Potter’s hobby becomes his life’s work

Marc Lemieux

By Hollie Pratt-Campbell

When Marc Lemieux walked into his first pottery class with the Kingston PottersGuild in 1990, he had no idea he was starting down what would eventually turn into a very successful career path.

"I was in university and I was looking for something to do in the winter,he recalls. I just signed up for one of the six week classes and then took another one in the spring. I really liked it, so I became a member [of the guild].

Over the years, pottery became an increasingly central part of Lemieuxs life; he took many more workshops and after four years of doing pottery as a hobby, he enrolled at the Emily Carr School of Art and Design in Vancouver and completed a bachelor of fine art degree. In 1999, he moved back to Kingston and opened Black Dog Pottery, named in honour of his dog, Boston.

Fifteen years later, Boston has passed on, but Black Dog Pottery is still going strong at 58 Queen St. Now, a new black dog, Sasha, sits at Lemieuxs feet as he creates his beautiful bowls, mugs, vases and more in the studio at the back of the shop.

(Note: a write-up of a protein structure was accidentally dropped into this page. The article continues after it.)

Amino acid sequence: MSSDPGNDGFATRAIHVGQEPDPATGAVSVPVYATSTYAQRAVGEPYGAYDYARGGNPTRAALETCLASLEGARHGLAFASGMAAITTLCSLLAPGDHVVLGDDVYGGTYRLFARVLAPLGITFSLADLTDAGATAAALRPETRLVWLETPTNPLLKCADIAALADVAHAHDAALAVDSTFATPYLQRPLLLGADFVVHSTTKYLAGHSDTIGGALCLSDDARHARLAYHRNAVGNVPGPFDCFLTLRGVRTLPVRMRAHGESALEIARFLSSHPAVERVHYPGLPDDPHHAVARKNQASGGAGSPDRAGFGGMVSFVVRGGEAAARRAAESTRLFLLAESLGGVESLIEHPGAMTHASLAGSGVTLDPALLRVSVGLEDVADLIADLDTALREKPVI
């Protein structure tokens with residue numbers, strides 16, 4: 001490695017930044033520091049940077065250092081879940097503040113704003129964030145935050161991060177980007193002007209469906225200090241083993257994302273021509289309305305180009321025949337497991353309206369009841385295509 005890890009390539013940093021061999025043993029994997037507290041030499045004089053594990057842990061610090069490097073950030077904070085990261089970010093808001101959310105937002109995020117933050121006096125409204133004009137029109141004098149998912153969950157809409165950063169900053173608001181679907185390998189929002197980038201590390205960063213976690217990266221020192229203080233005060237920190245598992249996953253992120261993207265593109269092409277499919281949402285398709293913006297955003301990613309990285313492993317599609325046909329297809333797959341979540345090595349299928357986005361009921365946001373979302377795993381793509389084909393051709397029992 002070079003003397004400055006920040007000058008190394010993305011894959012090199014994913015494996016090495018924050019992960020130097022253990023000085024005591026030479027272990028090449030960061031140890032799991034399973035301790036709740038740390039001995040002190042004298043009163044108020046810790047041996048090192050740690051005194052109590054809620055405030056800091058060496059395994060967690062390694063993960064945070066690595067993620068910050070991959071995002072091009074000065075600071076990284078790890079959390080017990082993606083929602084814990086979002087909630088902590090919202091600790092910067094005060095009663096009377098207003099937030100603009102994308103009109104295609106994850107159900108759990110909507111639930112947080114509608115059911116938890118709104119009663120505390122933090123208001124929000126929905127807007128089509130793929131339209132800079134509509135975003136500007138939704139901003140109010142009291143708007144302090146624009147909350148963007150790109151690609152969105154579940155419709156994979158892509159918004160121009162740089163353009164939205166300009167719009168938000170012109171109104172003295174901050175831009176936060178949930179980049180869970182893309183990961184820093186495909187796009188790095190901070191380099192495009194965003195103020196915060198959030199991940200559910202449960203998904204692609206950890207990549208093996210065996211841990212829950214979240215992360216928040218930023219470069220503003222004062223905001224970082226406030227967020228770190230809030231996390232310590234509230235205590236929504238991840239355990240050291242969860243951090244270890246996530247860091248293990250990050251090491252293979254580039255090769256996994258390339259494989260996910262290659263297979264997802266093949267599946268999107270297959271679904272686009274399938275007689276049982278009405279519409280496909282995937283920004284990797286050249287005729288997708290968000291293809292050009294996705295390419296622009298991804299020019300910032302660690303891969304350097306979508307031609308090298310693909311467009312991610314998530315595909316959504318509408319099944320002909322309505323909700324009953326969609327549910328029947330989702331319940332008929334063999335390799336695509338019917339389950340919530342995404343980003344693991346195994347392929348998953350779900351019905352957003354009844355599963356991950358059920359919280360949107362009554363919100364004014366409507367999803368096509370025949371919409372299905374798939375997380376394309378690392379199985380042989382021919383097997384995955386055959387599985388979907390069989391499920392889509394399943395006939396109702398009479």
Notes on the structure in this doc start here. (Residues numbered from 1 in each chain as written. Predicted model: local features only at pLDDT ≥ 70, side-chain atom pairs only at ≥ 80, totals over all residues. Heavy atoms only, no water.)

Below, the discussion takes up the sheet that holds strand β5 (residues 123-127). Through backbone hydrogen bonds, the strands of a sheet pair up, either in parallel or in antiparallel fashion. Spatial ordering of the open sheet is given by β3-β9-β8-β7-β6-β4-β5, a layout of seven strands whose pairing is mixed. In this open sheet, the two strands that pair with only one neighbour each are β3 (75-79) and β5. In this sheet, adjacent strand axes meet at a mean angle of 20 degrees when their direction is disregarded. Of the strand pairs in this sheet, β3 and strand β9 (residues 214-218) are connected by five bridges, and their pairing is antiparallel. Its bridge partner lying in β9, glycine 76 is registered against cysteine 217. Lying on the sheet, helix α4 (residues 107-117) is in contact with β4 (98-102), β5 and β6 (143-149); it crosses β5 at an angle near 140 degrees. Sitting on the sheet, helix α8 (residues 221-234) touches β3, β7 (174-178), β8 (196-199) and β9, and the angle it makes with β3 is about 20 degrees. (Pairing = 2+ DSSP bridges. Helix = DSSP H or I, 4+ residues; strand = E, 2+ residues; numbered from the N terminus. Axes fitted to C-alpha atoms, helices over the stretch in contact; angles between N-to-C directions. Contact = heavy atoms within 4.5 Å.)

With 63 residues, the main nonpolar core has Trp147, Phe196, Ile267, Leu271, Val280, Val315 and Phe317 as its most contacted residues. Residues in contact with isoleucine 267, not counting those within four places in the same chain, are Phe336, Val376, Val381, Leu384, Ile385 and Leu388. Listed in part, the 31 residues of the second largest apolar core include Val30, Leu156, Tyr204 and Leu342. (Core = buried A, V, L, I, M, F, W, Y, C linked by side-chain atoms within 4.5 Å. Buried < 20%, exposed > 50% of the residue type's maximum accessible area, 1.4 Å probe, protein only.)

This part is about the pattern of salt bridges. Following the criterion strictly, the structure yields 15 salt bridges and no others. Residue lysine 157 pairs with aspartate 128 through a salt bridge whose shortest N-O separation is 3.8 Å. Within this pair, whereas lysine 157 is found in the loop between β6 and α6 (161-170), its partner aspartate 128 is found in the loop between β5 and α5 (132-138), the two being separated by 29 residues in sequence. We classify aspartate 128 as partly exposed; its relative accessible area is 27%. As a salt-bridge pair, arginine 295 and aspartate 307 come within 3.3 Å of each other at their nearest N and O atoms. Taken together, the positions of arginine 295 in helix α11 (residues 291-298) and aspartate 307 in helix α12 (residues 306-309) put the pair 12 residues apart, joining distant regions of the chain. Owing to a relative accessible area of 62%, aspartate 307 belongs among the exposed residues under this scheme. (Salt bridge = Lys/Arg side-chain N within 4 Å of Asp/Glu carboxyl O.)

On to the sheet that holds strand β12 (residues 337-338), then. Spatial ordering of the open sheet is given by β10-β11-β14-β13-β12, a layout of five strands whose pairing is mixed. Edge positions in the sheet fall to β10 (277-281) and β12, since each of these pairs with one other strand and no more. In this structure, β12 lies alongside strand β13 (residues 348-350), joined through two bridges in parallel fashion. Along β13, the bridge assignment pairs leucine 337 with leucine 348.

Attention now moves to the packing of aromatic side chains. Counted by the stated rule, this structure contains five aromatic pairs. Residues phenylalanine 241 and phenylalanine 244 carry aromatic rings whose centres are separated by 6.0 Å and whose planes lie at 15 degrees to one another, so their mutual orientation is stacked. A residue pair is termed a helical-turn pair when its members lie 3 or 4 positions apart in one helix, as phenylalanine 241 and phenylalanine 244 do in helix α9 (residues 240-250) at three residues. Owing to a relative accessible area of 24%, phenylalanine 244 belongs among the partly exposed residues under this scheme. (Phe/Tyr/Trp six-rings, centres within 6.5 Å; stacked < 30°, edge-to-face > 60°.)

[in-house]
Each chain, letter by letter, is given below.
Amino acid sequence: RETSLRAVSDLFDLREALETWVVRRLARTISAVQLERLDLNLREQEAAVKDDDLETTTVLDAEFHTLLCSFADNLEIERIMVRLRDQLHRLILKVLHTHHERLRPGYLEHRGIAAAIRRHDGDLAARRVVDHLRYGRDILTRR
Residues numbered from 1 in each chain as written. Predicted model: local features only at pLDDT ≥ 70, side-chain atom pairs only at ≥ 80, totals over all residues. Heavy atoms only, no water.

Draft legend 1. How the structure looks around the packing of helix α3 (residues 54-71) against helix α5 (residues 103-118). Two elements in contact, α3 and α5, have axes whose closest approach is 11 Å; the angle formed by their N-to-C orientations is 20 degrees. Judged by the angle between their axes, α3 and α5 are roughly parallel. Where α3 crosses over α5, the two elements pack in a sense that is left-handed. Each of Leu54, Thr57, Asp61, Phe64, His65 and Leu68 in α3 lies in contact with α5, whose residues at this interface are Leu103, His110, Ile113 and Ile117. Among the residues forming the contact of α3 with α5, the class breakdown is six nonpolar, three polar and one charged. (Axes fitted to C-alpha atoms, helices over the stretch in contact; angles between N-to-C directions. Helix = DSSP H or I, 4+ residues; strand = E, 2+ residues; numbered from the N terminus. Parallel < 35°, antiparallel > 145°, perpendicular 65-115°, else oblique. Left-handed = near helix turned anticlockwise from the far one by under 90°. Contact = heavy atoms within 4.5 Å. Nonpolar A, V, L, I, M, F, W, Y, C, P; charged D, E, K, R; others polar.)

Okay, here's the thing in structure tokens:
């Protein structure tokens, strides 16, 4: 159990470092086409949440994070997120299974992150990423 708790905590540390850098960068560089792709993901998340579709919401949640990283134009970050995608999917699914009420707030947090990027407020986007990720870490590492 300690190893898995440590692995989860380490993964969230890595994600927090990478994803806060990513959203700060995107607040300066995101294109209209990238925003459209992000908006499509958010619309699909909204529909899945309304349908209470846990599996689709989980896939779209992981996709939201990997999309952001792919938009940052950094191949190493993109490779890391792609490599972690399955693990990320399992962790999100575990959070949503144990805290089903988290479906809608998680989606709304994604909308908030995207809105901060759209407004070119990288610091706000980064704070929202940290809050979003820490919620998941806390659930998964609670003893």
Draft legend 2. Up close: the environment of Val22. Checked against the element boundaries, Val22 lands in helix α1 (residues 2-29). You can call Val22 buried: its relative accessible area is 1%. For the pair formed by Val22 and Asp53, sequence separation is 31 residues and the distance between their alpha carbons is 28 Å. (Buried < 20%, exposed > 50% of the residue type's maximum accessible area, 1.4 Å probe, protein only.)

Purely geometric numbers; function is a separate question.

Its great,he says of his career as a potter. Like everything, its a lot of work [to own your own business]. It always seems so simple until you get down to how youre going to sell it. Are you going to go to a gallery to sell or are you going to pay extra to have a storefront? You need a lot more business sense than I originally thought, but you learn that as you go along.

At the heart of it all, of course, is the work itself.

[Pottery] is a neat medium,Lemieux says. Its very tactile. You end up with something at the end of the day you can actually look at, as opposed to computer work or something where you dont have anything tangible. And of course there are endless possibilities for what you can make. I just kind of float across the board and try to find things that are interesting to me.

All along, Lemieux has maintained his membership with the Kingston PottersGuild, and for a while he served as the organizations president. He notes that members of the pottery community in Kingston have always been very supportive of one another.

Theres a lot of potential to experiment and fool around. The community is fairly tight-knit so you can get a lot of help from other people when youre learning. [If I wasnt doing this full-time], Id be doing it as a hobby.

Historically, the Kingston Potters' Guild was always located at the Tett Centre, but it has been operating out of the Harold Harvey Centre in Portsmouth Village while the new Tett building is being built. Lemieux remarks that he feels a bit nostalgic at the idea of returning to the old site.

I spent a lot of hours at the old guild. In school, I was there late at night and things like that, so I always remember it as the good old days. I had my dog there and the lake was there. It was a beautiful setting and still is.